Source: AMD Investor Relations
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Korguz - Tuesday, August 6, 2019 - linkand intels pricing of its top end cpus is any better ??? come on. you can ask Intel the SAME question each year it releases a new batch of cpu's. ryzen 3900X, $699 cdn, 9900K, $699 cdn as well, and just for contrast to that, the X series of intels cpus, $1210 to $2800 cdn. even the Threadripper 2990WX is less then the top X series cpu at $2500, and that gets you 14 more cores to boot.
ballsystemlord - Tuesday, August 6, 2019 - linkI don't disagree with your latest post at all. Indeed, I'd love it if Intel sold it's processors at a better value for it's customers.
My point of contention is with AMD choosing *not* to sell their products at a similarly good value to the customer as they did in the past. Chiplets were supposed to save money through lessening rejects and having more chips in the higher speed/silicon quality brackets. Why am I expected to pay so much more then?
Even the 5700XT is a 251mm2 square chunk of 7nm silicon and is priced at $400, not to mention the components and GDDR6 RAM (the latest and greatest). Yet we pay $749 for 2 chunks each 80.7651mm2  (see my comments below for the total silicon, it's not worth posting in 2 places in the same thread).
Korguz - Wednesday, August 7, 2019 - link" I'd love it if Intel sold it's processors at a better value for it's customers. " and who wouldnt ? but intel wont, and they will charge what they can because ( at the time ) there was no alternative. but now, there is an alternative. and intel will have to either find a way to make their products worth the price they charge, or lower its pricing.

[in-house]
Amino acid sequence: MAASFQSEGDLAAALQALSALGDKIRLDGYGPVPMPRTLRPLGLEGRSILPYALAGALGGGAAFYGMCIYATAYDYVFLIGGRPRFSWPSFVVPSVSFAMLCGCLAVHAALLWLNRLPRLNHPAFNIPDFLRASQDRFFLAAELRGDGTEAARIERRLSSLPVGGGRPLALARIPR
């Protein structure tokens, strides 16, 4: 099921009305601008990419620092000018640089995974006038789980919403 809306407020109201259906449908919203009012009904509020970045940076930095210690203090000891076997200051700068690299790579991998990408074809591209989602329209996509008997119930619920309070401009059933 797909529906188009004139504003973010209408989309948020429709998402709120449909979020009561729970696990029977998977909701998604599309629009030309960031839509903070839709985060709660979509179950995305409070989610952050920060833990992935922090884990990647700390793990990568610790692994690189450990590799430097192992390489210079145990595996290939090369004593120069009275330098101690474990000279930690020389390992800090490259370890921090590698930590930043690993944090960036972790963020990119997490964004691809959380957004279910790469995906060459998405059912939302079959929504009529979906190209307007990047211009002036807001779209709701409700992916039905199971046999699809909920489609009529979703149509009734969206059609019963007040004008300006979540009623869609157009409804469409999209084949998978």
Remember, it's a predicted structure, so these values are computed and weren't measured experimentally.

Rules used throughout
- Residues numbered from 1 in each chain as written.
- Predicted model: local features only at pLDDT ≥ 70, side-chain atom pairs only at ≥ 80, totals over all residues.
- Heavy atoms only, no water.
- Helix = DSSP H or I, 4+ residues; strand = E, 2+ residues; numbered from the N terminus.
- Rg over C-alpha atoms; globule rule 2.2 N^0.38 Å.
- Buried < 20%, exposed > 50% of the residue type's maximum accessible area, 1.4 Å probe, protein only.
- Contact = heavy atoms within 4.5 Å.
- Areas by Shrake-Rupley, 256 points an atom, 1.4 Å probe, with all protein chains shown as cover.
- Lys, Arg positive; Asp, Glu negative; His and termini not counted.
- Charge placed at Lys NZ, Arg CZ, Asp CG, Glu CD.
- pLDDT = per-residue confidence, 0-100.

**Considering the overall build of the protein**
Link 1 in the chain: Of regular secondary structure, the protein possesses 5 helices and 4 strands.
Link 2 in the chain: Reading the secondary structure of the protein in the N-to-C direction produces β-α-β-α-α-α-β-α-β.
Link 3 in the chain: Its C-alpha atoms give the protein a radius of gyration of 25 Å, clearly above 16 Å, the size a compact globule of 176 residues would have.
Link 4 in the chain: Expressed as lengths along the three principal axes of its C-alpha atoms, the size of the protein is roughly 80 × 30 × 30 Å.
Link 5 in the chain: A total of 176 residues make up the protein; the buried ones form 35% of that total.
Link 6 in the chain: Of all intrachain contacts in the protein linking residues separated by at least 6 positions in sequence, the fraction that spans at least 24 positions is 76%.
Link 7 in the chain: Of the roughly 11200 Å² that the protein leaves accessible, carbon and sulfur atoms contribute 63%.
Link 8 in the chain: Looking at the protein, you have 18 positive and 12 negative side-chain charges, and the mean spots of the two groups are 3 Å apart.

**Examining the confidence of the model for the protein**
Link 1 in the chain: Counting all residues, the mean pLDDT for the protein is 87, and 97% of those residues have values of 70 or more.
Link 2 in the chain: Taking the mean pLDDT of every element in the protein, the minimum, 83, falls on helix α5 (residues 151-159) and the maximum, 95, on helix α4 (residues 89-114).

so what you are saying is, because what AMD charged for their products in the past, and now that they have products that, mostly with the cpu side, compete with intel very well, they dont have the right to charge the same amount as the intel equivalent is priced at ? i would say the value with amd, is the part that for the same price as the 9900k, which is 8core/12 threads, you get 4 more cores/8 more threads. comparing cores/threads, the 8 core version. 3800x, is 150 bucks less, and for the most part, are on par with the intel cpus in performance, correct ? as for the gpu side, i dont know what to say, as for me at least, paying the extra cash for a feature i wont use now, or for the time being, isnt worth it to me, aside from the part that the RTX series, is priced out of my reach. BTW, i WISH the 5700XT was 400 bucks, but here, its 530 for the entry level card. even the 5700 starts at 460
ballsystemlord - Wednesday, August 7, 2019 - linkSee my reply where you said a similar thing below.